As the evening started to fall so did the raindrops. Pat headed up to get our rain gear as Jeff and I headed to our evening destination. Jeff fished off the end of the island downstream from me as I positioned and repositioned myself in the knee deep water at the head of the island so I could cast into the breaking falls up to my right. Water ran off a few boulders and swirled into a moving whirlpool off from the main river flow in front of me. Casting my Wulff pattern, just below the falls, wasn’t easy to distinguish the path the fly was going to take. I found by a quick movement of my rod tip I was able to control the fly to either crease the fast running down flow of water to my right or make the fly move with a slower current to my left towards the bank and then flow between the island and shoreline. Every once in a while the fly would get sucked into the whirlpool and I wasn’t sure which way it would exit. With sprinkles and the gloominess of the sky I tied on one of my coffin flies. For the next 15 minutes or so I fished this into the waters before me, along with casting out into the main part of the wide river. On one cast to the falls, the coffin fly followed the crease of the fast water. I pulled the line gently to my left and the fly followed my fly line flowing with the slower current. I was taking in some slack while holding my rod horizontal to the water, just being lazy. A head/nose of a trout appeared a few inches behind the fly and was following it like a trout following a hopper before gulping it in. (This all happened in a matter of seconds but I replay it in my mind in minutes). With my fly line moving to my left, out in front of me, following the flow of the water and the rest arcing towards my rod tip, I was helpless. I watched the fish gain on the fly and then with a big splash it swirled back into the deep. With that swirl my fly disappeared and I really wasn’t sure if the fish took the fly or the big 180* turn and swirl of the fish in the shallower water, caused my fly to sink. I lifted the rod up and back on that instance and even had to pull back line with my line hand to take up more slack to tighten my line. The fly surfaced and dragged across the water towards me….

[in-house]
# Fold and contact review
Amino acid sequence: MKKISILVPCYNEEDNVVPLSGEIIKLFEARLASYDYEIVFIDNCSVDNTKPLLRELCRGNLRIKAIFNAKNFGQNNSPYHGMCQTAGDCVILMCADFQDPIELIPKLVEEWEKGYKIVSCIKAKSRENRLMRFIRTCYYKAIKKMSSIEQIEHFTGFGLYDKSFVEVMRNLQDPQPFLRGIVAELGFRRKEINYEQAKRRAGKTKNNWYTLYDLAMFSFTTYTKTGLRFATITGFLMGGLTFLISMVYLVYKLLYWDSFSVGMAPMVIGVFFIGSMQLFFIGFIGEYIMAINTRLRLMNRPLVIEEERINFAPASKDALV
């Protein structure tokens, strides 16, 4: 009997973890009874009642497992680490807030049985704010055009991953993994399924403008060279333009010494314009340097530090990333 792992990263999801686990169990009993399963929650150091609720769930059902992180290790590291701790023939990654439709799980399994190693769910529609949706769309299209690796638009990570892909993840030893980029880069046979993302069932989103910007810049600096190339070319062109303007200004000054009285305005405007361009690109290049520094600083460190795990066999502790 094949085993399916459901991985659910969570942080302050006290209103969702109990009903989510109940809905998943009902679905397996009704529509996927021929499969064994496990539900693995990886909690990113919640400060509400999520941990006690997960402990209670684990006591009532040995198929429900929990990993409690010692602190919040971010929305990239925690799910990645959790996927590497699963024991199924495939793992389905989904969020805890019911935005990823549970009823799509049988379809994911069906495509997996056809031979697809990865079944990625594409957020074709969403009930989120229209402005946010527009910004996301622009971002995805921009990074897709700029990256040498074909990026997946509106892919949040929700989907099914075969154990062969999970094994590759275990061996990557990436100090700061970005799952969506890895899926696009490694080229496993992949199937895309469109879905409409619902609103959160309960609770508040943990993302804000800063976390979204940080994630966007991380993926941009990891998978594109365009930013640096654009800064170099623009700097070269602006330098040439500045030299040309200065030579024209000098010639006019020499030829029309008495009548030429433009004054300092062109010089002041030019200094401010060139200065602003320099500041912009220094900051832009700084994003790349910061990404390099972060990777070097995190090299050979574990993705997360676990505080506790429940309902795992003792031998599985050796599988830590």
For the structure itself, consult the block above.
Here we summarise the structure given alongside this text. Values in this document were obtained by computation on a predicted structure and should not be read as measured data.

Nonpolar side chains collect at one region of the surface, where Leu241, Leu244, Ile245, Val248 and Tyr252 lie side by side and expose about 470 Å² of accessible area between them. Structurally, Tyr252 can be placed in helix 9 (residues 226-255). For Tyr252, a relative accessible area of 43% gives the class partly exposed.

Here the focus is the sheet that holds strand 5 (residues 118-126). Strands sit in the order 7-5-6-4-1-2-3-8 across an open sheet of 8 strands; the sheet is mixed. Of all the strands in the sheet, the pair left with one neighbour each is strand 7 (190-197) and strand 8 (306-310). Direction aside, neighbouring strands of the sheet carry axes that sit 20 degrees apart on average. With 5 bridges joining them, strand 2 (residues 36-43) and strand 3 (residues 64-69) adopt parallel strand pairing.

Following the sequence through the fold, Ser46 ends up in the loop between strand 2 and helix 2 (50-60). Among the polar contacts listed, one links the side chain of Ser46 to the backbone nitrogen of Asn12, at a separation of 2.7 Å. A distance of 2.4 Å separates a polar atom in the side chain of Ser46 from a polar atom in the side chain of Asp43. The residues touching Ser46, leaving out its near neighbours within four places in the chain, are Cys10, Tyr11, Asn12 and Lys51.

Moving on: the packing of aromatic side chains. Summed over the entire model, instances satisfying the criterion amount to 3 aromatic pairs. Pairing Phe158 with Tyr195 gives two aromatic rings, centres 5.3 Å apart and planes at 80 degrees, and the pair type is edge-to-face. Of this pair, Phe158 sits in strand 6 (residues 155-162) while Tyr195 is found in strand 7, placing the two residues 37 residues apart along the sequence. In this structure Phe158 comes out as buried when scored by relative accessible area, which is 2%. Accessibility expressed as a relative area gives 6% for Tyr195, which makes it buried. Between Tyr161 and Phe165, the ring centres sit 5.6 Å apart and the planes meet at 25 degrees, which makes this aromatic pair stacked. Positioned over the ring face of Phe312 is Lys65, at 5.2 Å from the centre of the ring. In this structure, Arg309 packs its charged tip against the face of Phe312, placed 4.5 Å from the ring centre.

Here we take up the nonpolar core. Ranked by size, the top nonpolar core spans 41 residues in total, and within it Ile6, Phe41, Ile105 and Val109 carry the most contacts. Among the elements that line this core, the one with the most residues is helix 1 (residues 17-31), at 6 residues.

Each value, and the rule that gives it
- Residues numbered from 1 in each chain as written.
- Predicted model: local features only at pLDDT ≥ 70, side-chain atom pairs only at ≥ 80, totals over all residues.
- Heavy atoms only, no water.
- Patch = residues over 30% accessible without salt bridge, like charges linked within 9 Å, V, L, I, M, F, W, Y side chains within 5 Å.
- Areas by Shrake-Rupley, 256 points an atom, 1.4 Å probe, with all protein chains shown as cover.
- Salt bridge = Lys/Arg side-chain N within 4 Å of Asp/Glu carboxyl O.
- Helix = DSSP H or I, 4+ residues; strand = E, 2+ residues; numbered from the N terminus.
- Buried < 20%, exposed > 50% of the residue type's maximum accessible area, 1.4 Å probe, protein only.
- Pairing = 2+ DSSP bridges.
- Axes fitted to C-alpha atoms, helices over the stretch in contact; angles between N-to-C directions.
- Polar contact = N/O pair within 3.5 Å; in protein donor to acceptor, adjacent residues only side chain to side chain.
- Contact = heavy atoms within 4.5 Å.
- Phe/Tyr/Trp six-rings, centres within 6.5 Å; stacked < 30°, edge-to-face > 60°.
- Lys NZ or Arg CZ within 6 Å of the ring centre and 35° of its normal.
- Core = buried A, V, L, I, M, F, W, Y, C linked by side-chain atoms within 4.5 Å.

I blew it! Poof, it was like an illusionary magic act. Now you see it - now you don’t and all you’re left with is feathers as the dove disappears. It happens so fast that later you wonder if it happened at all. I stood there conjuring up what should have happened but didn’t.